Check out this image from yesterday. Saharawis in Western Sahara are increasingly frustrated over the US oil company Kosmos Energy's plans to drill in the occupied territory of Western Sahara on behalf of the occupying power Morocco.
Western Sahara Resource Watch has been in contact with a number of civil society groups in Western Sahara over the last weeks to hear their views on the plans of Kosmos Energy to drill offshore the occupied Western Sahara later this year.
Has Kosmos or the Moroccan government ever tried to contact you to hear if this oil exploration is in accordance with your wishes?
The answer is a unanimous 'no'.
"Kosmos go home, Leave Western Sahara. Atwood, don't come here", the banners read, of a small gathering taking place in Boujdour Wednesday afternoon.
Among the people demonstrating, seen on the images, is human rights activist Sultana Khaya. She is blind on one eye following beating by police some years ago.
Frente Polisario, who represents the Saharawis in the UN peace talks with Morocco, has repeatedly condemned the plans of the company.
A UN legal opinion from 2002 states that further exploration would be illegal if the people of the territory are against it.
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Morocco occupies the major part of its neighbouring country, Western Sahara. Entering into business deals with Moroccan companies or authorities in the occupied territories gives an impression of political legitimacy to the occupation. It also gives job opportunities to Moroccan settlers and income to the Moroccan government. Western Sahara Resource Watch demands foreign companies leave Western Sahara until a solution to the conflict is found.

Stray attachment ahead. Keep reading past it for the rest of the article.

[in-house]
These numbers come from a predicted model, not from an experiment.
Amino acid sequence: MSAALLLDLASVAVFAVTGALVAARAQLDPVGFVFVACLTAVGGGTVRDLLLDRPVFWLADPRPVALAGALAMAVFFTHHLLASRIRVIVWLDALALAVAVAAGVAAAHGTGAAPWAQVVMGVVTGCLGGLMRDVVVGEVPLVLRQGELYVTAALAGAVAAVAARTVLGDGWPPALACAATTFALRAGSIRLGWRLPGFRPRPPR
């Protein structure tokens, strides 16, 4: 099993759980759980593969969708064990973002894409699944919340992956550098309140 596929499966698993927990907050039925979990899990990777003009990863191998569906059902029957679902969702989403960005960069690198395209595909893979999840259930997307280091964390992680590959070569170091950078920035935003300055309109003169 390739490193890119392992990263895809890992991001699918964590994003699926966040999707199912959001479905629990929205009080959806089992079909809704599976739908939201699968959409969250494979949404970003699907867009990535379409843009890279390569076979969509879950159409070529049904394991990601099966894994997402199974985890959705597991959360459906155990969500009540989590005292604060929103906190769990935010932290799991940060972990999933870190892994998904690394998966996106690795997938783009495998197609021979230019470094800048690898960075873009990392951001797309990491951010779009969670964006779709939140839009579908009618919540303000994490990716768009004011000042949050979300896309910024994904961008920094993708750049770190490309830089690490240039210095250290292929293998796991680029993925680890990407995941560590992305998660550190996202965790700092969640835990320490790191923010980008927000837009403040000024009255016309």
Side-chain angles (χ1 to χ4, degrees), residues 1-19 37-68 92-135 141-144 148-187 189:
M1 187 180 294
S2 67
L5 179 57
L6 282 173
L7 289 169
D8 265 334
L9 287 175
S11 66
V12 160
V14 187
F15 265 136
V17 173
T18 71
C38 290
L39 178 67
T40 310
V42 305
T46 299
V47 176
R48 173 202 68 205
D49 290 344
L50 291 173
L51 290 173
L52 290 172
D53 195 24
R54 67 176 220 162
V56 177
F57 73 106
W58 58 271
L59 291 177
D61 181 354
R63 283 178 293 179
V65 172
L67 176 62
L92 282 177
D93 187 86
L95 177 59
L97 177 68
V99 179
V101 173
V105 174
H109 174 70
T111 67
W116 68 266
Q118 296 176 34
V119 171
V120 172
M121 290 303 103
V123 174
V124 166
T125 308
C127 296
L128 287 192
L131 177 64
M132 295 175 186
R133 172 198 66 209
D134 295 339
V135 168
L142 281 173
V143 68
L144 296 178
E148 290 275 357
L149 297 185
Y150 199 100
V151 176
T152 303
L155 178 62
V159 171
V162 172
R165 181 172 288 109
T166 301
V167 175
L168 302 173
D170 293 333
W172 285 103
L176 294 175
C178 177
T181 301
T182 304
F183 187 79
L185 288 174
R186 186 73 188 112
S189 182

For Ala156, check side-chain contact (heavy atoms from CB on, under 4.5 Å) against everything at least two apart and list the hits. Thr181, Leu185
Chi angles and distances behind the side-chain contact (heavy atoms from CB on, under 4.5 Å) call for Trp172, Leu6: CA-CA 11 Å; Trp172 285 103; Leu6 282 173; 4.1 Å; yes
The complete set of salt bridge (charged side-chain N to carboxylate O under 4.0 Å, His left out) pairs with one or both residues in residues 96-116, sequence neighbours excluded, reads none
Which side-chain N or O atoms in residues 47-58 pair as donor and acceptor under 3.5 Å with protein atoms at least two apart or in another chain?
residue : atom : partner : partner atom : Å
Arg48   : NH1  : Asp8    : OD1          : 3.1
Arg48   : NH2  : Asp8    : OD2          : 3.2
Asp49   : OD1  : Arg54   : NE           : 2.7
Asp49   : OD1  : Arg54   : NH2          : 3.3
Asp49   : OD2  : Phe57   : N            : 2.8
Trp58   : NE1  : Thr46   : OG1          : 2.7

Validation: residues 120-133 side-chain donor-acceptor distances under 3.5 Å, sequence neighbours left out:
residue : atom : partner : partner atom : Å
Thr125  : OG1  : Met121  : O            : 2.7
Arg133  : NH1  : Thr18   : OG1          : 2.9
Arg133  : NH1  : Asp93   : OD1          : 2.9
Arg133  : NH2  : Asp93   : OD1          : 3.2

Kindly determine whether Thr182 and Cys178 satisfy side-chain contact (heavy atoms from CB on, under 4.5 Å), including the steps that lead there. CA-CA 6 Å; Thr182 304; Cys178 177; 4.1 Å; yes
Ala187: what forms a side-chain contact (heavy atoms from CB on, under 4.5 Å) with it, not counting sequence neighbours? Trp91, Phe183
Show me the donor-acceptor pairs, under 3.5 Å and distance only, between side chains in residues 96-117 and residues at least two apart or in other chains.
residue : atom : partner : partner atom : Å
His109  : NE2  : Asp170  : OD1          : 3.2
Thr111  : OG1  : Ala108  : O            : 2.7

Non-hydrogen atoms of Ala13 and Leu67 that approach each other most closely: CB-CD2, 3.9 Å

It's not easy keeping up with all the different legal proceedings relating to Western Sahara. For the sake of clarity, here's an overview of the three different cases at the Court of Justice of the European Union.
Leading activists from Western Sahara are condemned to sentences ranging from 20 years to life imprisonment in connection to a mass protest in 2010 denouncing the Saharawi people’s social and economic marginalization in their occupied land; the Gdeim Izik protest camp.
At COP22, beware of what you read about Morocco’s renewable energy efforts. An increasing part of the projects take place in the occupied territory of Western Sahara and is used for mineral plunder, new WSRW report documents.